Teen is first girlA 14-year-old girl from Western Samoa didn't expect to beat out 11 boys to become Junior World Fire Knife Dance Champion Friday night in Laie.
to win fire knife contest
Melenie Lesoa Leilua wowed the
audience with her agile dancing
By Diana Leone
But she did.
"When I came I was unsure about it. I just wanted to share my talent. I didn't even know I would place," said Melenie Lesoa Leilua through translator Tipa Galeai.
Leilua was the first female contestant in 10 years of World Fire Knife Dance Championships, said Galeai, who is on the committee that organized the event.
Galeai said Leilua wowed the capacity crowd of more than 500 at the Polynesian Cultural Center's Hale Aloha Theater with "her vigorous way of dancing, her speed, the agility of her movements and the motions that she had."
"It's just unusual to see a female dancing, but I felt she performed beyond what some of the guys could do," Galeai said. "She twirled the double knife and held her composure. With the cheering of the crowd, it's hard to keep composure."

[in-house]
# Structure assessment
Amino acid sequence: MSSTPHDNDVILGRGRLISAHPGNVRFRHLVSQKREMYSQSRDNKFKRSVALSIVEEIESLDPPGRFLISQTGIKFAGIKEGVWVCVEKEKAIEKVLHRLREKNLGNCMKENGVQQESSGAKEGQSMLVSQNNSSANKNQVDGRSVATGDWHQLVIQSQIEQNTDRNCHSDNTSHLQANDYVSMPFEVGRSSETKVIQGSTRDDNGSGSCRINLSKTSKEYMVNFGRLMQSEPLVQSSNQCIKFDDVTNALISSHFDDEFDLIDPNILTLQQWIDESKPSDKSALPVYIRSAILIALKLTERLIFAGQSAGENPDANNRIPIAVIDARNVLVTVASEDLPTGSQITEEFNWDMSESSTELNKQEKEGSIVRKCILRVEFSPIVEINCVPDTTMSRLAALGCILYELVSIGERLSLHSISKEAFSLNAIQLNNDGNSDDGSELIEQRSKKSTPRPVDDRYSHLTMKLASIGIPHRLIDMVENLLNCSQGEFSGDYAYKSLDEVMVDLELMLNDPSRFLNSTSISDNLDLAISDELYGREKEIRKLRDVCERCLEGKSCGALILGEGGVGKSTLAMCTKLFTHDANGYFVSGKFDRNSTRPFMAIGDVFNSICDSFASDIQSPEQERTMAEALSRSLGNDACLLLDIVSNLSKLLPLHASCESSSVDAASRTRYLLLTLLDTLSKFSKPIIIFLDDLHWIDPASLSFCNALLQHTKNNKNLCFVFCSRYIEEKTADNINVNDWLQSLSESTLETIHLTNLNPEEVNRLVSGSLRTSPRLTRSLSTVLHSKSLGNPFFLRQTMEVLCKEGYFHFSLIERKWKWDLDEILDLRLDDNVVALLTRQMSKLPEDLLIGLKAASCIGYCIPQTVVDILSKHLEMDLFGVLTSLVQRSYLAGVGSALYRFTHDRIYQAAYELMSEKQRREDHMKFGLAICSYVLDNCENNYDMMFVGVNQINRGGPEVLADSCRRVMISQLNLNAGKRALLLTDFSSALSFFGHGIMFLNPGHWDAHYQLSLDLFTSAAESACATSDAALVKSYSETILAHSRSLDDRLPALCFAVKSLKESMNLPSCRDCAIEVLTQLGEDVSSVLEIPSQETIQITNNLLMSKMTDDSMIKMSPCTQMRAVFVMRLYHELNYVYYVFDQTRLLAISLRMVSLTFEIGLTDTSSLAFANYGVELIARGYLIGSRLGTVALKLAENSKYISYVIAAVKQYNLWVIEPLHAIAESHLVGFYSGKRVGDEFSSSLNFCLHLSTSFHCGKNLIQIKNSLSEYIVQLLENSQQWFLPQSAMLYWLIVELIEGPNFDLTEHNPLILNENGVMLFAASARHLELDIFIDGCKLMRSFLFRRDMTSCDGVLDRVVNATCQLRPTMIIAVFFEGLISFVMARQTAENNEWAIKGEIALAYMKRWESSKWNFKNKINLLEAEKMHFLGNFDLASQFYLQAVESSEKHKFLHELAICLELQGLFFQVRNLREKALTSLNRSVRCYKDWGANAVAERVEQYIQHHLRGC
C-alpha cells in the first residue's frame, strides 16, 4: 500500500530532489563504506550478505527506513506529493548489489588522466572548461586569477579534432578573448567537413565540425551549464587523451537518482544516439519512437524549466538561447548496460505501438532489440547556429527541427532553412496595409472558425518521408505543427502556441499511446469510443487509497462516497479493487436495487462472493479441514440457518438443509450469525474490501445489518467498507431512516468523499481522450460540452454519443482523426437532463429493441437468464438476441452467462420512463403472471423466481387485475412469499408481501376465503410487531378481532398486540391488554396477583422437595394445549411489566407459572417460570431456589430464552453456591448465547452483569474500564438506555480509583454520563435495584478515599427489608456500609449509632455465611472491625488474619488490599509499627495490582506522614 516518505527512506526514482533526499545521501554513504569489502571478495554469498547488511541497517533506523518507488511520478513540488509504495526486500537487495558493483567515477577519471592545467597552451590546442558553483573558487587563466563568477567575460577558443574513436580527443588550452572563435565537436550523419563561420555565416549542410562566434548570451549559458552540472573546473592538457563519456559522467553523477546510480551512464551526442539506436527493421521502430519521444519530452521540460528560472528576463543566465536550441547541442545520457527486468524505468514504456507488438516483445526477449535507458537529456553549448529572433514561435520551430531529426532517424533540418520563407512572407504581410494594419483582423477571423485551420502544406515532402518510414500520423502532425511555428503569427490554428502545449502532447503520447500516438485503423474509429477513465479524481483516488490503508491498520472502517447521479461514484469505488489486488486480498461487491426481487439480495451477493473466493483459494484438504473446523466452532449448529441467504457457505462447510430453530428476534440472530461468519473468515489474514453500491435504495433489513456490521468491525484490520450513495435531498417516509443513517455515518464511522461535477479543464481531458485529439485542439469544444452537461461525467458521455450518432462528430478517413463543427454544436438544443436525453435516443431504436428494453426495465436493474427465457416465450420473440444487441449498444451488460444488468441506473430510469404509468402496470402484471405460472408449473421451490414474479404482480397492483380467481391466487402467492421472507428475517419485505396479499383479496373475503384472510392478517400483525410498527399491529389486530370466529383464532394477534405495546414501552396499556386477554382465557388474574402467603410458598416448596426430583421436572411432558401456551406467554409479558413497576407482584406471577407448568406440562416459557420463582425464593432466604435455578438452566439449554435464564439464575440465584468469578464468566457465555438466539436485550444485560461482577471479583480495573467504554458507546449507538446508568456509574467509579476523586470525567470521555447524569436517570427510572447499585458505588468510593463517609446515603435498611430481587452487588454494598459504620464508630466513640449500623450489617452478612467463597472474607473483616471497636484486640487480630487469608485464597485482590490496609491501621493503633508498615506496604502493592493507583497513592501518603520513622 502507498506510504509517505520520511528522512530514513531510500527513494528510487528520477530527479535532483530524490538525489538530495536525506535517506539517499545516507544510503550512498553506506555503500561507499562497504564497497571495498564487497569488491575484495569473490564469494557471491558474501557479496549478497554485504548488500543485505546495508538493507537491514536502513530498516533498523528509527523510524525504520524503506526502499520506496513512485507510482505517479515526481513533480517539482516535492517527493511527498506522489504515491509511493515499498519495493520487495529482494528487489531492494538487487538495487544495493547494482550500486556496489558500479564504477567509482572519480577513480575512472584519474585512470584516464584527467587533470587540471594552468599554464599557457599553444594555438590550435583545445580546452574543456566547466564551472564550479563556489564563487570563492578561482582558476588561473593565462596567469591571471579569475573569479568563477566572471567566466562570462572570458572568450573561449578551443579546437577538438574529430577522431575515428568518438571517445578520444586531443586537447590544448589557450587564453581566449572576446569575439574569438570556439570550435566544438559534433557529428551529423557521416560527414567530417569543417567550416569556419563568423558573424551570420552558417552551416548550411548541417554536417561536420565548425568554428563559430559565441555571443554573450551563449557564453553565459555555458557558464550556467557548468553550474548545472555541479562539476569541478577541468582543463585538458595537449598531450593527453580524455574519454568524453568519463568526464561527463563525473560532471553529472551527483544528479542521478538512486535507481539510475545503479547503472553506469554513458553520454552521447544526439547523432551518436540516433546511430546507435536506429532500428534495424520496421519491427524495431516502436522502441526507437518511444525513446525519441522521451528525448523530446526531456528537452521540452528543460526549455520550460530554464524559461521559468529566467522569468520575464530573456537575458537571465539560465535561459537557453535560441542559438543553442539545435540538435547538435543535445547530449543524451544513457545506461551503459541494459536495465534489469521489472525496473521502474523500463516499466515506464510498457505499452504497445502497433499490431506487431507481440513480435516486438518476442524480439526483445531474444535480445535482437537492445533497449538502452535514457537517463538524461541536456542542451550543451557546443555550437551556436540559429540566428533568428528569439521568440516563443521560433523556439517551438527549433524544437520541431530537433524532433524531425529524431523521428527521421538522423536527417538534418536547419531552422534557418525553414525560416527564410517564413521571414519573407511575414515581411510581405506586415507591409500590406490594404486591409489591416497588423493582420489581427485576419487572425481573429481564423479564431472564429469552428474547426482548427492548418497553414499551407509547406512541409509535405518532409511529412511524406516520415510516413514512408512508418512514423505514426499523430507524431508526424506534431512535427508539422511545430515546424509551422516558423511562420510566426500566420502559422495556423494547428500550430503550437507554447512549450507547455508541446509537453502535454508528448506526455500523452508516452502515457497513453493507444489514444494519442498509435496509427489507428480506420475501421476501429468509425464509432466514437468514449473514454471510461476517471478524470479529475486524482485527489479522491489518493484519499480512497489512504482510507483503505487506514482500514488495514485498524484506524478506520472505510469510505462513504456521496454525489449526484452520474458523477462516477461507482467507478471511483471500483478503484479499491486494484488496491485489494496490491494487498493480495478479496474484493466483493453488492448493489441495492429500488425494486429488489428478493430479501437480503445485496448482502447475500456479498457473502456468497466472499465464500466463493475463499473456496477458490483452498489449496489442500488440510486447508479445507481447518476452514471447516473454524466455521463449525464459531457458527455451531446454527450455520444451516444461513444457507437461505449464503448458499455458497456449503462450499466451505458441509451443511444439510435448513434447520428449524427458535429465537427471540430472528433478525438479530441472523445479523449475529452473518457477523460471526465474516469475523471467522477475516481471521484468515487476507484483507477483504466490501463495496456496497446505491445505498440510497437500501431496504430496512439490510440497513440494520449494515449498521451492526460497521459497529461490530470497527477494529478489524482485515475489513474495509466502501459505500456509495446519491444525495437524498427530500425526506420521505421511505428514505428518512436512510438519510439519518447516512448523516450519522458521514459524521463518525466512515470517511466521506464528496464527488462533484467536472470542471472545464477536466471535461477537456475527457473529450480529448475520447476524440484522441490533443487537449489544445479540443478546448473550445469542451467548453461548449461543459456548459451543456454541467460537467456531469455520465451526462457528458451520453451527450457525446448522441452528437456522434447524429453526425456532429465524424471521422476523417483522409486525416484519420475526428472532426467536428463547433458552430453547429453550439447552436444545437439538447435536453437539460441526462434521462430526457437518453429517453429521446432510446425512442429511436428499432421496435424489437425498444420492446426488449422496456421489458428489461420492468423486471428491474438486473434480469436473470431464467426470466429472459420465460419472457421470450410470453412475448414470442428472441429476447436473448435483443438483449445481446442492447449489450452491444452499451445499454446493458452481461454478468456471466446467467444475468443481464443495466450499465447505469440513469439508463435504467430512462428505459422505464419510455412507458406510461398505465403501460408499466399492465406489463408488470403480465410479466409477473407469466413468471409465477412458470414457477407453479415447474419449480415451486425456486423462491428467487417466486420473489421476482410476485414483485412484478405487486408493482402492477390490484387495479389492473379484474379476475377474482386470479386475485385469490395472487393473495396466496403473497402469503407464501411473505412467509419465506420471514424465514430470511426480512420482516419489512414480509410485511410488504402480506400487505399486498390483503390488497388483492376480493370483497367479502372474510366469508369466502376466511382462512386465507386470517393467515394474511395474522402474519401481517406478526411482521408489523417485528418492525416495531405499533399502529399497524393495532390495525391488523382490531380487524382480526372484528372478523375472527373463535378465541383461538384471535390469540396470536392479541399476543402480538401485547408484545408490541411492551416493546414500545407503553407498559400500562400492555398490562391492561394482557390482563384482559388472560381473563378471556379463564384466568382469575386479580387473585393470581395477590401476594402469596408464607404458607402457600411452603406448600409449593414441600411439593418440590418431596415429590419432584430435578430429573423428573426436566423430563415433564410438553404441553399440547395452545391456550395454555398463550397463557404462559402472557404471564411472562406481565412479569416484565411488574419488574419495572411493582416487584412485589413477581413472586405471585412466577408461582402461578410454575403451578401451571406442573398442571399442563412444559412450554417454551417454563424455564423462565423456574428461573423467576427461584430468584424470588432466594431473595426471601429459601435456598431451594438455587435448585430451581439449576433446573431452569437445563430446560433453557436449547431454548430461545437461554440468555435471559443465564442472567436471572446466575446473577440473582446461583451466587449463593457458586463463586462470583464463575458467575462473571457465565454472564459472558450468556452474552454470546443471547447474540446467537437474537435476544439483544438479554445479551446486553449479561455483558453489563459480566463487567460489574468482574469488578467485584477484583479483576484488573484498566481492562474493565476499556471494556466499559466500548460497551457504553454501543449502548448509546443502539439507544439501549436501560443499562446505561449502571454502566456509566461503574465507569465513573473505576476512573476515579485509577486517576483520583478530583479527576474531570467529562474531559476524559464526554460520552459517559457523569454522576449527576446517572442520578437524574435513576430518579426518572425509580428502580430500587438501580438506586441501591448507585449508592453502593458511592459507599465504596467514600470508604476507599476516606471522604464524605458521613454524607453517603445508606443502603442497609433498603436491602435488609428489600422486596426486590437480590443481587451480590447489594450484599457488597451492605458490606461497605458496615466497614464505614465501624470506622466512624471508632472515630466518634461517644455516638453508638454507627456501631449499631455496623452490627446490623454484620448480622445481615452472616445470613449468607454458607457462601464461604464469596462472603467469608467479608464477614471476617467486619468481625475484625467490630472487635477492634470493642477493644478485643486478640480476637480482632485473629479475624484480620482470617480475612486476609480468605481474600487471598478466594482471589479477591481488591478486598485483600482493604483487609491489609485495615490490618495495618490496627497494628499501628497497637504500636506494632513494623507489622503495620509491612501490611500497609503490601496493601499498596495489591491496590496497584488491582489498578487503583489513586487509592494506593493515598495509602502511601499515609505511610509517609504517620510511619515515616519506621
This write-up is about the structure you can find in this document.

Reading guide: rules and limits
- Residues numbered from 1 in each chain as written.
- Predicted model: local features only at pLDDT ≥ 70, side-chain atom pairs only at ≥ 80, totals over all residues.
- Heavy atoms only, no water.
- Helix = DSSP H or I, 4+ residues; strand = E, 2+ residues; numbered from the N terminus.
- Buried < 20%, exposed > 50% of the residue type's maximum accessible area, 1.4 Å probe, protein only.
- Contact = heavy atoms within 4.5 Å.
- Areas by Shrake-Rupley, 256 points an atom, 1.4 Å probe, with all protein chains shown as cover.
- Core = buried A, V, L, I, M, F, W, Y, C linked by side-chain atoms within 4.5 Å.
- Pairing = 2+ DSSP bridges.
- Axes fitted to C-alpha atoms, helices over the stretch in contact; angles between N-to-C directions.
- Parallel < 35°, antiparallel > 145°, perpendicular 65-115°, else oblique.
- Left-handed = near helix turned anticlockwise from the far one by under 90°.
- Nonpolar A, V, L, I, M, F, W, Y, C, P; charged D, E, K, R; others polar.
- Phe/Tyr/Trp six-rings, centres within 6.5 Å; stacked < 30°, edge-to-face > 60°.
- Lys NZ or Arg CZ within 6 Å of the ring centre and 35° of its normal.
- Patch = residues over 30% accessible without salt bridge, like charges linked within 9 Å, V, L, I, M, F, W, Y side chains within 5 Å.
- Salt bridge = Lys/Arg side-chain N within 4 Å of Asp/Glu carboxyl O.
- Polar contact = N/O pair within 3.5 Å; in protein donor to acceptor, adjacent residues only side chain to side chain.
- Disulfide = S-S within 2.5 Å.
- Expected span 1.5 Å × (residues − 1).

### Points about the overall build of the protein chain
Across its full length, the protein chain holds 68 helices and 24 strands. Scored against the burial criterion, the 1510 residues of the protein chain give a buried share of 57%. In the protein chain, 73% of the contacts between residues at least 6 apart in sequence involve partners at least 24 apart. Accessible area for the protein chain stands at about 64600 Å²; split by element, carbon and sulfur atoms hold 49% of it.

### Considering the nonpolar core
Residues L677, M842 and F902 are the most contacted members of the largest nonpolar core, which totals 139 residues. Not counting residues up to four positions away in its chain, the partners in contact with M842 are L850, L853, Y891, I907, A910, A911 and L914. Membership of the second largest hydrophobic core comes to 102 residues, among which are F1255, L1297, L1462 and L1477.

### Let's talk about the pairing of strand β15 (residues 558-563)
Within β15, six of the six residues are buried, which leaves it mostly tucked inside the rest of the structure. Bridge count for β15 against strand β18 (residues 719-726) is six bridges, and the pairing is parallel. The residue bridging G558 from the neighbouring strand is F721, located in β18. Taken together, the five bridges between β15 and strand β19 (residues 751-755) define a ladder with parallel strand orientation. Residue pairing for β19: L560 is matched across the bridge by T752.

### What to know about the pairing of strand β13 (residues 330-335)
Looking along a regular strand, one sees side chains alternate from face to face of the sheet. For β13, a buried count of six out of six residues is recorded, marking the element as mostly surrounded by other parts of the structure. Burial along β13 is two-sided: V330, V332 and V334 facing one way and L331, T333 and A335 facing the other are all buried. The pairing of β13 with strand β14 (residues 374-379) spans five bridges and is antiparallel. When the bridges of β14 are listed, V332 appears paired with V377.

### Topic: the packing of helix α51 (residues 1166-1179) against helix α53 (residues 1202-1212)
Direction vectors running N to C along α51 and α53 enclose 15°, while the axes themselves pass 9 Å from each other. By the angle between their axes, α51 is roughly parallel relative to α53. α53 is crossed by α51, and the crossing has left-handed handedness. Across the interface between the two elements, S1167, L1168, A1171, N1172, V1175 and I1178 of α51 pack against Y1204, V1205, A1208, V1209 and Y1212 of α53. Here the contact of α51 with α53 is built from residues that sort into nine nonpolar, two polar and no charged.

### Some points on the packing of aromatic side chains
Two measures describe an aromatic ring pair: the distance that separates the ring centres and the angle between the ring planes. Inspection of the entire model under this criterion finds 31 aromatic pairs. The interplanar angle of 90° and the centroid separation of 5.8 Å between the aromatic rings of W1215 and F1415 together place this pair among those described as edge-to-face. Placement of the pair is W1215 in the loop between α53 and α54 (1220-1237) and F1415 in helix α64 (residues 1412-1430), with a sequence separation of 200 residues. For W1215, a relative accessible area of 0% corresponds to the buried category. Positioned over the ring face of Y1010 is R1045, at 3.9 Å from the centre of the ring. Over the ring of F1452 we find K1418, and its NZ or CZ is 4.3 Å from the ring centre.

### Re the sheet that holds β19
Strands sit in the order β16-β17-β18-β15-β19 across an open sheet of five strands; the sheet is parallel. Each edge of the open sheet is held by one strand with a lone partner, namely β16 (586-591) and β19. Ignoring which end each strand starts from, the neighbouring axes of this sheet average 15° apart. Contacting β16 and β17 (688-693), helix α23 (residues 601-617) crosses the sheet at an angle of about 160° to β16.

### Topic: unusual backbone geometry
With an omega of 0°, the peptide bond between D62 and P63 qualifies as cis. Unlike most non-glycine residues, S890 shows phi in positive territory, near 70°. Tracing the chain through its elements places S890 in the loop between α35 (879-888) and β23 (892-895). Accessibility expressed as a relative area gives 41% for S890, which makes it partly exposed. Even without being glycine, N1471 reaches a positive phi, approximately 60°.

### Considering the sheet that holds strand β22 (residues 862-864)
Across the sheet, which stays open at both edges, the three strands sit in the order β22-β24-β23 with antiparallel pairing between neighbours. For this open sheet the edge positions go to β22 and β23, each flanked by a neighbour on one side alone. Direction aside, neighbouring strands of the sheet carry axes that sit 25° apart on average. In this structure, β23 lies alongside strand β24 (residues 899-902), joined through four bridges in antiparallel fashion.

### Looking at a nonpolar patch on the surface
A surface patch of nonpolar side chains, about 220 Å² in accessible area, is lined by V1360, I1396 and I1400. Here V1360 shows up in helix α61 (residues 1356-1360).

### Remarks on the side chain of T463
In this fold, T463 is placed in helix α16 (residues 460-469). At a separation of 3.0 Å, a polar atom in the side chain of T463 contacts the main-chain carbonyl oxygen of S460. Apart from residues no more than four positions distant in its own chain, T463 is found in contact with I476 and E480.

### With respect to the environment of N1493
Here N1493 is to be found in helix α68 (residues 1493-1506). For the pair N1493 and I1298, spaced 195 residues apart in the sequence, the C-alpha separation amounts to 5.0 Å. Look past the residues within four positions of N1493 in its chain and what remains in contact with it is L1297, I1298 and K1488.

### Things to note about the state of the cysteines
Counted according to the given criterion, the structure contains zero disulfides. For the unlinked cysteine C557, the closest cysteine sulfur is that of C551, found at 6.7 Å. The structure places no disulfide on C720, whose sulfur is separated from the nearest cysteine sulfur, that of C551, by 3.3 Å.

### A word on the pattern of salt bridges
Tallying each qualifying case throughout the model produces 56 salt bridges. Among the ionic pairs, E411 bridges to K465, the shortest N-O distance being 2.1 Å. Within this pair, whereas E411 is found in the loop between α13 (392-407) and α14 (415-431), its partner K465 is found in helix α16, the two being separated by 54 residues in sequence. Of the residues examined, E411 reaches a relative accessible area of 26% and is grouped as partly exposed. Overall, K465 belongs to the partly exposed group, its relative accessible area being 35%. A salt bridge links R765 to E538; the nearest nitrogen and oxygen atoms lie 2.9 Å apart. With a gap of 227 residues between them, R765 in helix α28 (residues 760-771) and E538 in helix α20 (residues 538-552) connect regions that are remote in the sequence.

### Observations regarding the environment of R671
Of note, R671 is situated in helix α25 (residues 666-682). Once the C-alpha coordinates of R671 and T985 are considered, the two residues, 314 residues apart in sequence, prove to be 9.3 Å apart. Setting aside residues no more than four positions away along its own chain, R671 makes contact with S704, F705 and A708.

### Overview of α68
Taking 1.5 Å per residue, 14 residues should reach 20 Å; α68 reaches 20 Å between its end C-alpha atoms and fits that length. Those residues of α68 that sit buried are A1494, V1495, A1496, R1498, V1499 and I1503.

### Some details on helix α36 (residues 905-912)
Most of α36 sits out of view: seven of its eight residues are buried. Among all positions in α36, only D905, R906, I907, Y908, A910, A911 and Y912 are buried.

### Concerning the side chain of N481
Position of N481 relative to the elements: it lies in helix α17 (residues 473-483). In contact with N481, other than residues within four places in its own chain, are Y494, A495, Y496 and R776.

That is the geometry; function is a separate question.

Leilua described her ability as a fire knife dancer "as a gift from God," and said her father, Leilua Lesoa, who also fire knife dances, said "it is a talent given to our family. So, it doesn't matter if it was a boy or a girl."
Apparently so, since Leilua's brother, Barry, age 7, tied for first place in the children's category Friday, among 10 contestants ages 6-11.
Leilua said she was "excited and happy about winning the event -- being as I'm the only female that participated," and that she also is proud of her brother, who has been dancing since he was 4. They come from Siumu village, which is on Upolu Island, and dance for the Ailao Club.
Leilua began fire dancing at age 5 and has performed in Australia and American Samoa, but did not compete until this year, she said. She said she's aware of only one other girl, 11, who is a fire knife dancer in Samoa.
She said her dad "taught us to dance like how the warriors used to dance anciently."
Local winners in the contests on Friday included Micah Kapono Naruo, a 17-year-old Roosevelt High senior, who took second place in the junior competition; Kamaehu Arakaki-Fukui, 10, who tied for first place in the children's competition; and Julius Tafiti of Laie, who took second in children's division.
The adult competition took place last night.
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